Obrazy na stronie
[ocr errors]





Vbi eras


Can eafily conceive that Men fhould fet up Principles of Logick and Ethicks, both of quando their own making; because our Reafo- fundamen ponebam nings and our Actions, about which thefe Difci-ta terra? plines are converfant, are properly the Work of indica miMan: But I can by no means comprehend, how if babes they fhould dare to advance their own Principles tiam. intelligenof Phyficks, the Object of which is Nature, and Job Nature the Work of God. By what Sagacity xxxvii. fhall we, who have not Skill enough to pene- Numquid trate the Intention of the Creature, be able to tu primus trace out the Defign of the Creator? Was it by ante colles bomo, our Understanding, that he ftretch'd out the formatus? Heavens by our Wisdom, that he laid the Job XV. Foundations of the Earth? Or what Philofo- Sapientiam pher has yet founded the Depths of that eternal Wifdom, which was before all Things, to declare cedentent its Counfels, or fhew us its Secrets? St. Au- omnia quis ftin fays, the World is a great Machine, fhining invefti in every Part with the Power and the Skill gavit? of Him that fram'd it. But may we not rather Confef. 1. Eccluf, 1.


10. c. 6.

Gg 4 term Numquid nofti femitas nubium?” Job XXXVII,

term it a great and mighty Labyrinth, of which the Philofophers in all Ages have unfucNumquid cefsfully endeavour'd to find the Clue? 'Tis nofti ordi- poffible indeed, to attain the Knowledge of nem cali? fome natural Effects, by a diligent Examination numquid of their immediate Caufes; but are we quickingrefus es profun- fighted enough, to unfold the Operations of the da maris? firft Caufe, the Maker of all Things, to discern thefaurum the hidden Springs of his Art, or copy out the nivis Model by which he perform'd his Work? If the grandinis afpexifti, smallest and most contemptible Things, which lie per quam within the Sphere of our Senfe, and which have viam fpar- been fo long our daily Profpect and Study, do gitur? quis yet prefent us with fomewhat that is incomdedit im- prehenfible; if the Herbs of the Field have their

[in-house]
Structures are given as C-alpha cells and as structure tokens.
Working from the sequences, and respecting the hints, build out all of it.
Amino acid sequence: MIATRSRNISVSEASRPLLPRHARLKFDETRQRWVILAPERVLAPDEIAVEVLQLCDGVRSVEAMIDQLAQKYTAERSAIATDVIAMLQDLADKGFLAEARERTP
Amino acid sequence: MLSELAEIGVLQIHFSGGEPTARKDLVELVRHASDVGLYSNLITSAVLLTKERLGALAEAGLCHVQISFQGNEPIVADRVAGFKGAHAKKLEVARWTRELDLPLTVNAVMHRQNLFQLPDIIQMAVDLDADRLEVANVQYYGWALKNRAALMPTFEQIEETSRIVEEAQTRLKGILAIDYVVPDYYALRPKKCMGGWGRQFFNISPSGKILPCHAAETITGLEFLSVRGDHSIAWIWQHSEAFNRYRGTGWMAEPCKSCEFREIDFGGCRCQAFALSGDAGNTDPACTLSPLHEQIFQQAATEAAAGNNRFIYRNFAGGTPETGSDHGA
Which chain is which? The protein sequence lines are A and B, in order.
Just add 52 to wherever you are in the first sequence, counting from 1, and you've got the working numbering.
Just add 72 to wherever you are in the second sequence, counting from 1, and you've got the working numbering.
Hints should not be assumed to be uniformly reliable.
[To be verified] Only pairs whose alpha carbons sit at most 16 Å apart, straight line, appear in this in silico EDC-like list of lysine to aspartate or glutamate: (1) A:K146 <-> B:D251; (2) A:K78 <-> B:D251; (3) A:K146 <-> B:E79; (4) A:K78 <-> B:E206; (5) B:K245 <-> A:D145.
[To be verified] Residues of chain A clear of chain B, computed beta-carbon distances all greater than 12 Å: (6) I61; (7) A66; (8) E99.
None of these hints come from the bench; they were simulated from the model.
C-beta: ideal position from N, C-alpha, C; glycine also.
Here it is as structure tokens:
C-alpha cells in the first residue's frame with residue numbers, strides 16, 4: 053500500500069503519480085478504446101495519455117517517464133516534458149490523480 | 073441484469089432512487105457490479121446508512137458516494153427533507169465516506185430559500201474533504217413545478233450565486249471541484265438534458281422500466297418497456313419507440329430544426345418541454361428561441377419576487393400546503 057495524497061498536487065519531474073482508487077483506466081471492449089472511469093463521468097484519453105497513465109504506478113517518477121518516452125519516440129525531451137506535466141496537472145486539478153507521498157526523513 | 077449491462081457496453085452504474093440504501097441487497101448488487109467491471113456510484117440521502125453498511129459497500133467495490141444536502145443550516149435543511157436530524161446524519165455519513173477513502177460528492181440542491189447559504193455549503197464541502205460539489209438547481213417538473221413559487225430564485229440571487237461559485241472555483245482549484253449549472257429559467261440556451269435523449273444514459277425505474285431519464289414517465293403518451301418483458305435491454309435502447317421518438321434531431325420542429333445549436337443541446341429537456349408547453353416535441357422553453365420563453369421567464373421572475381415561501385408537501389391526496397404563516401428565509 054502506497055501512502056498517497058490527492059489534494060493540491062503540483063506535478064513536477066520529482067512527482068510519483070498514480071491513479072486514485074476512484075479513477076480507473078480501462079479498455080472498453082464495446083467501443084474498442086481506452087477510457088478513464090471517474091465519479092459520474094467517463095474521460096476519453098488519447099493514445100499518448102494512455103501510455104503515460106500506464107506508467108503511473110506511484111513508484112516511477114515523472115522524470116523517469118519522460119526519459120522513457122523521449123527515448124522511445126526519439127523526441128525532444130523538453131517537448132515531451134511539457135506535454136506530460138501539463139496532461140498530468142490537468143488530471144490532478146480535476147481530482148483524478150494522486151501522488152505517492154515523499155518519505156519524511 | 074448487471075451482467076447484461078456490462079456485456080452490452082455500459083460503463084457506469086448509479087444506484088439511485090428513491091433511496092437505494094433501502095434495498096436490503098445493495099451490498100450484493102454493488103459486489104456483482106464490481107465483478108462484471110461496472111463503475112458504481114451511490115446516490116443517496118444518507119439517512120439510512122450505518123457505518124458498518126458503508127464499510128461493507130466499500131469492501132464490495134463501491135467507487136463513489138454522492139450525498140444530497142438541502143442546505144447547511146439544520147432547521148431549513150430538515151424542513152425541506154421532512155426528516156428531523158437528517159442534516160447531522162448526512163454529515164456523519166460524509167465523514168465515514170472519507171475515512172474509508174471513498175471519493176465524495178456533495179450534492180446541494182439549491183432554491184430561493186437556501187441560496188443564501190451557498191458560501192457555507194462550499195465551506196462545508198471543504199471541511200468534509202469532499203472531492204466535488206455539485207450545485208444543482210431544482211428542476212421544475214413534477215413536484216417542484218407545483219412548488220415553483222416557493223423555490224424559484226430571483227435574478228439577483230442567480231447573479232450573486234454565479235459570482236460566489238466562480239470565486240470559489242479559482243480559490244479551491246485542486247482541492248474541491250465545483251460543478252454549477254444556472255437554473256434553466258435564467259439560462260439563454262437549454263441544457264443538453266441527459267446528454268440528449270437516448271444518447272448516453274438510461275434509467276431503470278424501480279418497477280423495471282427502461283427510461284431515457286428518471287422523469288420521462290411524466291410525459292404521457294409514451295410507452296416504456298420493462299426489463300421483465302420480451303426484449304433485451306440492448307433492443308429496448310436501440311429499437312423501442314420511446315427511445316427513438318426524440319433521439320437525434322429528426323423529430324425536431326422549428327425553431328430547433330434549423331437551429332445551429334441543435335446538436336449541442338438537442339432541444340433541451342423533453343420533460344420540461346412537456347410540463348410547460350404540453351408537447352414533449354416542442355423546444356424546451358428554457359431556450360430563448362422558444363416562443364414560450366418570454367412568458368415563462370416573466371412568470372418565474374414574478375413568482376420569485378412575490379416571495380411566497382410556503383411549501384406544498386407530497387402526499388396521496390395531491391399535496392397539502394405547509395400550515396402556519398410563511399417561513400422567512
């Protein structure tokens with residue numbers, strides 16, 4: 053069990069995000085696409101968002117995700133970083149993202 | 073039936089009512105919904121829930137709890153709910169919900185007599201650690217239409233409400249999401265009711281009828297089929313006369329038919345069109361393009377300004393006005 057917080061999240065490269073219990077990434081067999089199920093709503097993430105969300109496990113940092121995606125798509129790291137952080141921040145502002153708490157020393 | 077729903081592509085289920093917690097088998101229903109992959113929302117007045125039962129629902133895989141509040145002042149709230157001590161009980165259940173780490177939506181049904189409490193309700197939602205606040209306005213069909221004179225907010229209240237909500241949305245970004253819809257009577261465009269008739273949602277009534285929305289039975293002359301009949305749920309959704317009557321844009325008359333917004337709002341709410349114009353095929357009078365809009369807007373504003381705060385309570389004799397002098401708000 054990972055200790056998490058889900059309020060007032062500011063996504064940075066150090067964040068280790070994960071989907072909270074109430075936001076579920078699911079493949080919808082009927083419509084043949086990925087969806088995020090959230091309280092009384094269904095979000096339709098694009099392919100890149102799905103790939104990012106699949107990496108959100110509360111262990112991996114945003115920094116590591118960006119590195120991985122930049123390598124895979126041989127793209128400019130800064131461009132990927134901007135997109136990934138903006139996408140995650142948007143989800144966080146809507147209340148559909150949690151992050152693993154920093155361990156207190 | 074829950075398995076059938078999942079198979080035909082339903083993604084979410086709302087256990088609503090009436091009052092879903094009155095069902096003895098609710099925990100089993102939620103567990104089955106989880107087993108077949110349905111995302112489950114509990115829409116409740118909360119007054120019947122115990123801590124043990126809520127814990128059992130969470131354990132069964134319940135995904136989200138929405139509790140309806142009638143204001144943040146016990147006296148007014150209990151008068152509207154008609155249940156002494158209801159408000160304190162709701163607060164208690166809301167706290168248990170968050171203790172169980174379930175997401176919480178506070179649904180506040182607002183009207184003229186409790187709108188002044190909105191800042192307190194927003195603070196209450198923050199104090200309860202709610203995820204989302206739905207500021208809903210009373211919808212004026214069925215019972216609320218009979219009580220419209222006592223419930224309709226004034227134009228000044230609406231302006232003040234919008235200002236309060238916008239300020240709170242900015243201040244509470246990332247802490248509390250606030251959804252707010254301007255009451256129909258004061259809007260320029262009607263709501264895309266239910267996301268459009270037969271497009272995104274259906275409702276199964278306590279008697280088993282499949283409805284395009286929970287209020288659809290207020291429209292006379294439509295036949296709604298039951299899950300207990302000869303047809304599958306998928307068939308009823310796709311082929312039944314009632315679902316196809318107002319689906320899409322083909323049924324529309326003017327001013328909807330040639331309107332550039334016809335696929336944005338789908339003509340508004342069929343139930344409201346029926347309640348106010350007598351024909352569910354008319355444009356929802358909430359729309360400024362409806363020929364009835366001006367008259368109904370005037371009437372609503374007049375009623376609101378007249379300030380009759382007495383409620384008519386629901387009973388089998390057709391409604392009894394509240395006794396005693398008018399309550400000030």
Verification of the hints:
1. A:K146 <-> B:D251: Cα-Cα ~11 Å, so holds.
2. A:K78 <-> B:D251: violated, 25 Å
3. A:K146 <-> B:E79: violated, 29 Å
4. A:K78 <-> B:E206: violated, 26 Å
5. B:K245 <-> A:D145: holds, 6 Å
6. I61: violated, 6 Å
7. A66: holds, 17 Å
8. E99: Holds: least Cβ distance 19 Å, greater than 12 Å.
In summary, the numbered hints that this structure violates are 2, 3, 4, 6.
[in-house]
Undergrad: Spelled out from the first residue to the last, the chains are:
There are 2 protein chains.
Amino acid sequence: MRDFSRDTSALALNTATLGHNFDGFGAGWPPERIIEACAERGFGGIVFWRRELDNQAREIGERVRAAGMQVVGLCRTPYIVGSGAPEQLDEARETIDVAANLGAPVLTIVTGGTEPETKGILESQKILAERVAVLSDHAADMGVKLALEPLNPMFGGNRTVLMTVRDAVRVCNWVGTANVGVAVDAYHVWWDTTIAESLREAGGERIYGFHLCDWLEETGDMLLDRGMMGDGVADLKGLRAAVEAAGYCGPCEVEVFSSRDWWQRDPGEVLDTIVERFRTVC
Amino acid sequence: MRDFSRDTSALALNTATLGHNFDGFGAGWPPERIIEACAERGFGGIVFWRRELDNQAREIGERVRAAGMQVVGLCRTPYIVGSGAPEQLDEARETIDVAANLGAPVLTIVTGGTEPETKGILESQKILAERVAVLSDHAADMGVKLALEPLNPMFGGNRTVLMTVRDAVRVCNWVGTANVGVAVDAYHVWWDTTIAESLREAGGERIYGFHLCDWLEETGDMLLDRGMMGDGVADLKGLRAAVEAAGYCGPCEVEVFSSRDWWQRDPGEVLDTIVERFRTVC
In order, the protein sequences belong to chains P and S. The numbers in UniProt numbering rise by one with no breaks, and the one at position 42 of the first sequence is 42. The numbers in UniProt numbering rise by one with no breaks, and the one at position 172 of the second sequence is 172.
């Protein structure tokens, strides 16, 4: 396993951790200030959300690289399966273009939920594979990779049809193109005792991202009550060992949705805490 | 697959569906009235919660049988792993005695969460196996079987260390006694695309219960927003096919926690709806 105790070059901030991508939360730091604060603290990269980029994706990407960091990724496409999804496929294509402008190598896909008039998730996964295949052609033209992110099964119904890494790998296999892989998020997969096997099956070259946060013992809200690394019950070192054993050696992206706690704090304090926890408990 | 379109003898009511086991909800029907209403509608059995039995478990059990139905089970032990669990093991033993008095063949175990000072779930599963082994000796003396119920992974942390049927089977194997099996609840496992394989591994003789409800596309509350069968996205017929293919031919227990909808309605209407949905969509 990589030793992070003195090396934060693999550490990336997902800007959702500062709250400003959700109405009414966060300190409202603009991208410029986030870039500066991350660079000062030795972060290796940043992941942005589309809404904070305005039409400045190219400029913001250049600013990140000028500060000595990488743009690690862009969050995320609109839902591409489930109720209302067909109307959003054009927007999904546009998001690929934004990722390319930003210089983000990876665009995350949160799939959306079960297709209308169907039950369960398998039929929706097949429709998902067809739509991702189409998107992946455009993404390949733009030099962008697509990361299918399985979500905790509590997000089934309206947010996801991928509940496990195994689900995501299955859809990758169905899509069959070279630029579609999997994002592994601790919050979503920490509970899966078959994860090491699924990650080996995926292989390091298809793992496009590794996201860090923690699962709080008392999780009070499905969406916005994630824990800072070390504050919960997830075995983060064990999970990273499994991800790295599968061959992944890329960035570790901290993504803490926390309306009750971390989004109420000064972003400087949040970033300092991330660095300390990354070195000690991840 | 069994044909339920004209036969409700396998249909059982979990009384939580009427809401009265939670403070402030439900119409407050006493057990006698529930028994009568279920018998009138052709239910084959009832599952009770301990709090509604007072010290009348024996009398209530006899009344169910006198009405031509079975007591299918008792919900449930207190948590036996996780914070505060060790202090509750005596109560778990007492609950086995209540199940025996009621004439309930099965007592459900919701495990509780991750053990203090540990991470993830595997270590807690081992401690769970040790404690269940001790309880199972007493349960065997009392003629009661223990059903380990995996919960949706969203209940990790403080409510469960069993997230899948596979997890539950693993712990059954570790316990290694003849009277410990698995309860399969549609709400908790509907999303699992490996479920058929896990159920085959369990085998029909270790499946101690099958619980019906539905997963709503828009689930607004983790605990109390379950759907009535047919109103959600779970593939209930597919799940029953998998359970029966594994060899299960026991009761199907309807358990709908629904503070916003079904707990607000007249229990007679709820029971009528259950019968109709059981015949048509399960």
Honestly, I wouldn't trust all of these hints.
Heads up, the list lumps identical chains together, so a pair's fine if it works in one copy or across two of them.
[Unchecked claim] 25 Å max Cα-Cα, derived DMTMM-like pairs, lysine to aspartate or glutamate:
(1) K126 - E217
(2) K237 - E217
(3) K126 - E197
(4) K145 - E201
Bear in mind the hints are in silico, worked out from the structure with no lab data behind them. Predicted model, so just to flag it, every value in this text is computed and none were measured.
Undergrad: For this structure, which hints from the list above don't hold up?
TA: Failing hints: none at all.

brem curfum &


peculiar Qualities unknown to Man; fhall we be viam fo- fo very extravagant, as to pretend an exact Acnantis to- quaintance with the Powers and Properties of nitrui, &c. thofe vaft Bodies which compofe the Syftem of Job. 38. the Universe, and a clear Perception of all the Wonders we admire? Let us not put a Cheat Natura upon our felves: Nature has her Mysteries; and proceeds to her End by ways to us imperceptible. And after our stricteft Enquiry, and Application to her Secrets, we really know fo little of that which we embrace with the firmeft Perfuafion, in interi- that the ftudy of natural Philofophy alone, might pre facra- be fufficient to humble and mortifie human rio claufa pride. 'Tis an abftrufe and profound Science, funt, ex quibus a in which we fcarce meet with one determin'd liud bac Point, or certain Conclufion. Thofe who have atas, aliud fpoke the best upon it, have for the most part nos fubit, fpoke without Reafon. Let us not perplex our afpiciet. Thoughts, with the framing of new Theories Sen. Qu. and Systems. This Project has pafs'd through